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One thing to watch out for is daylight savings conversions when adding/subtracting days. E.g., this may not work as expected, depending on what day and what time of day it is run (just as if using the builtin localtime):
use Time::Piece qw(localtime); use Time::Seconds qw(ONE_DAY); my $t = localtime; my $yesterday = $t - ONE_DAY(); my $tomorrow = $t + ONE_DAY(); print "Today: ", $t->ymd(),"\n"; print "Yesterday: ", $yesterday->ymd(),"\n"; print "Tomorrow: ", $tomorrow->ymd(),"\n";
I have found this sort of mistake in someone's code before (though the code did not use Time::Piece, just plain localtime). One way to be sure of adding or subtracting the correct number of days would be to truncate to the beginning of the day, then add an extra half day, or subtract a half-day less:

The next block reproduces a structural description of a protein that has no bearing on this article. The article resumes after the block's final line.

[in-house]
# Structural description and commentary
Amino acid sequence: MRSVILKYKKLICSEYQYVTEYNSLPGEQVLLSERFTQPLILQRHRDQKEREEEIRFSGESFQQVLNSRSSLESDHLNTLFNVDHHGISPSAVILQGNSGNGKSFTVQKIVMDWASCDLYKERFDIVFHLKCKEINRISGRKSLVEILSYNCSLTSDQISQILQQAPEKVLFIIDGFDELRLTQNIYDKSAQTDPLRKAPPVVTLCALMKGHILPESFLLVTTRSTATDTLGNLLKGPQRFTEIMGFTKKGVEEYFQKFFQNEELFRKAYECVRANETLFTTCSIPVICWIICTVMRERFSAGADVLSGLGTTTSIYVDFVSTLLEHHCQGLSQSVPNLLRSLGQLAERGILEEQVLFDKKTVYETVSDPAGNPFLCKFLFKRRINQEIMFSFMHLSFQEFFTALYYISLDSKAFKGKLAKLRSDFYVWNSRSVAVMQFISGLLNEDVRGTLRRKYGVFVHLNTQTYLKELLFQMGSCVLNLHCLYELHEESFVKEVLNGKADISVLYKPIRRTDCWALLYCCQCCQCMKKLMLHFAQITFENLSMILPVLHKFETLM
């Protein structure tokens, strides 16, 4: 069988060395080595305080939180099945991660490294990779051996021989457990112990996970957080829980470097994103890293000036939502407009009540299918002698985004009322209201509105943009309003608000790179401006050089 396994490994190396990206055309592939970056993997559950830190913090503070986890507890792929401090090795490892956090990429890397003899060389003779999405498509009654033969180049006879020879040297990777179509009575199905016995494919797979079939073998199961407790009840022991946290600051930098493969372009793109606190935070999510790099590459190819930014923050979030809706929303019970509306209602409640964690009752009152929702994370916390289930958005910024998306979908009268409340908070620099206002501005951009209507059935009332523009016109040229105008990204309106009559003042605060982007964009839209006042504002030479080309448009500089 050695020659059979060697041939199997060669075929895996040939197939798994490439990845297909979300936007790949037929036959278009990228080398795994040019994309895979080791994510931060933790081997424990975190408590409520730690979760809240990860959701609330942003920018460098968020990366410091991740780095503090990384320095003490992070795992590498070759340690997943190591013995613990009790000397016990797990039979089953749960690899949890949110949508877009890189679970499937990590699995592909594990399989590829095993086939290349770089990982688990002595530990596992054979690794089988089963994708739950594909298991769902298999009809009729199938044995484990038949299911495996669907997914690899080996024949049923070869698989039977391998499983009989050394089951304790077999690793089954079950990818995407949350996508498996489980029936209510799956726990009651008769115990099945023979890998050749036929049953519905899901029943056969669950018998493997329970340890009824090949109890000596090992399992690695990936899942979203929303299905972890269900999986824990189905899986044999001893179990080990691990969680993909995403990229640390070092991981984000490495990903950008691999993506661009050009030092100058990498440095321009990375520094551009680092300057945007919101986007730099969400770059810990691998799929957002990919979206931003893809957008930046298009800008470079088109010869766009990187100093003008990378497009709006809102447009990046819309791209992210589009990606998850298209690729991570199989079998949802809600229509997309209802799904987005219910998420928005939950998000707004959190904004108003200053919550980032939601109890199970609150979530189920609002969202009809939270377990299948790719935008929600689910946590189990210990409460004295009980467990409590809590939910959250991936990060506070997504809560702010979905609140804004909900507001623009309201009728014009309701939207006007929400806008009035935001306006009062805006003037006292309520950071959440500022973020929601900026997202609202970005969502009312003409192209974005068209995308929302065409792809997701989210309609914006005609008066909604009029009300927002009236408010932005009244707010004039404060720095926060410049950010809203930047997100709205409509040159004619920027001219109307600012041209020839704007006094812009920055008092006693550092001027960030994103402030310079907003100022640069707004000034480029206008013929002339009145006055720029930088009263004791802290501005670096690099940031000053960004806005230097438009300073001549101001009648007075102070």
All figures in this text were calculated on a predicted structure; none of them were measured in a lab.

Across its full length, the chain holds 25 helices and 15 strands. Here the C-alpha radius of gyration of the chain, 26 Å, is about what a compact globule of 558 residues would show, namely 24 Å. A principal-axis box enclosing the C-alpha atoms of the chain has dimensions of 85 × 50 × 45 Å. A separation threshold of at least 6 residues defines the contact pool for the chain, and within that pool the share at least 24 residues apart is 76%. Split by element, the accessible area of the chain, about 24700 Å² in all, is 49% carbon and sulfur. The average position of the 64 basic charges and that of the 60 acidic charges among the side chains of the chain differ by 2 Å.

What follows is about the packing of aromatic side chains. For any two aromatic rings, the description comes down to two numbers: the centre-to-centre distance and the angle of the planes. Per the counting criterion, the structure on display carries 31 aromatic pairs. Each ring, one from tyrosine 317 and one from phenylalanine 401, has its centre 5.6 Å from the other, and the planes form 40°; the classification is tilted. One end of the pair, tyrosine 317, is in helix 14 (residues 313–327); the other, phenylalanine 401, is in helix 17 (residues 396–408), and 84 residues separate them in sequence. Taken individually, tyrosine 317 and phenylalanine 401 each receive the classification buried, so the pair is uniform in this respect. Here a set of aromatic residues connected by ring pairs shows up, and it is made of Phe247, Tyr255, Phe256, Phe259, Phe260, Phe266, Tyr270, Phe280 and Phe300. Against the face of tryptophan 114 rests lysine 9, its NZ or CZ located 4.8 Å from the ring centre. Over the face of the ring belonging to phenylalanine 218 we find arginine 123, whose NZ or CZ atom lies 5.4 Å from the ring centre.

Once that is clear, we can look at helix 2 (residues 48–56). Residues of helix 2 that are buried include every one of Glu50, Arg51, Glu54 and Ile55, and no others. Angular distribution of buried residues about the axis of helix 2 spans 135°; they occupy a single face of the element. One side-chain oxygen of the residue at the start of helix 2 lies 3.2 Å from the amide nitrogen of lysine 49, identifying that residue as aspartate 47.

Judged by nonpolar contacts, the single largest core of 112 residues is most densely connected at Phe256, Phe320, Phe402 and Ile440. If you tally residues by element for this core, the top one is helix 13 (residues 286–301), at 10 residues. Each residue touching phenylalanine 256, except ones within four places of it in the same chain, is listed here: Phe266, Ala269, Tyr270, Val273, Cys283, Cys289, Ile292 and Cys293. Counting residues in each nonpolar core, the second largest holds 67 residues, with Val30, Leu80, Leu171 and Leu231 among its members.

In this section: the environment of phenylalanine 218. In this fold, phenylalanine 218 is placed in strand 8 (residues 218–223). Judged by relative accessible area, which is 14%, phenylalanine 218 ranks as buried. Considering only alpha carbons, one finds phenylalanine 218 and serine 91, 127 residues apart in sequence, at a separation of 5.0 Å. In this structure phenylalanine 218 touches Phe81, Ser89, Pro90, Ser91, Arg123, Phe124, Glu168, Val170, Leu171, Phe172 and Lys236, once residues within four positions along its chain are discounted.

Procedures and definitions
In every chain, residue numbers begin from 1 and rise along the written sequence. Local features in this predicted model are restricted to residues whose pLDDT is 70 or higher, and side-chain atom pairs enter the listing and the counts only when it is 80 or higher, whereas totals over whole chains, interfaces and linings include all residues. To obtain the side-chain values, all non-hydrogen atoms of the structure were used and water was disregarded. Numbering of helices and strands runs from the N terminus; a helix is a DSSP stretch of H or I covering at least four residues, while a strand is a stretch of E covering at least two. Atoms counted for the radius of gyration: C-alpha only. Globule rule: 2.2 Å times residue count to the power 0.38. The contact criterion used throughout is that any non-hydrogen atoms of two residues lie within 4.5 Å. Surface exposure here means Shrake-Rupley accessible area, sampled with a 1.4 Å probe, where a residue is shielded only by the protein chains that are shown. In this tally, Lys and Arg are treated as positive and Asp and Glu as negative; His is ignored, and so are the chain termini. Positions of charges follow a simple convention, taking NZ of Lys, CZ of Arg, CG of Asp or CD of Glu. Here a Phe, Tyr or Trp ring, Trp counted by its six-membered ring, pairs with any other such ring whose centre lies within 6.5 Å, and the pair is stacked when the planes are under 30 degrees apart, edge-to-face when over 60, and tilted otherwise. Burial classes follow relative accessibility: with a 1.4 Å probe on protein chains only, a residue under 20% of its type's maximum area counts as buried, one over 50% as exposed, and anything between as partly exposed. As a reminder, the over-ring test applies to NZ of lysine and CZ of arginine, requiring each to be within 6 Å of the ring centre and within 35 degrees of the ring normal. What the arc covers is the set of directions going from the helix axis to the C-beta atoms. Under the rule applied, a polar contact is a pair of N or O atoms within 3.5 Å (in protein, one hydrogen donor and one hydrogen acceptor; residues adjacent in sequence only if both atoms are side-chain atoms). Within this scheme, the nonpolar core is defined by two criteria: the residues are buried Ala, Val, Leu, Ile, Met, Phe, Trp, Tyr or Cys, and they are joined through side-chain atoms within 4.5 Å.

my $t = localtime->strptime(localtime->ymd(), '%Y-%m-%d'); my $yesterday = $t - ( 0.5 * ONE_DAY() ); my $tomorrow = $t + ( 1.5 * ONE_DAY() ); print "Today: ", $t->ymd(),"\n"; print "Yesterday: ", $yesterday->ymd(),"\n"; print "Tomorrow: ", $tomorrow->ymd(),"\n";
One advantage of DateTime is that it does make it a little easier to get this correct. E.g. in my timezone:
my $t = localtime->strptime('2013-03-11', '%Y-%m-%d'); my $yesterday = $t - ONE_DAY(); my $tomorrow = $t + ONE_DAY(); print "Today: ", $t->ymd(),"\n"; print "Yesterday: ", $yesterday->ymd(),"\n"; print "Tomorrow: ", $tomorrow->ymd(),"\n"; #Prints: Today: 2013-03-11 Yesterday: 2013-03-09 Tomorrow: 2013-03-12

In reply to Re^3: What's "Better" DateTime or localtime? by runrig
in thread What's "Better" DateTime or localtime? by mmartin

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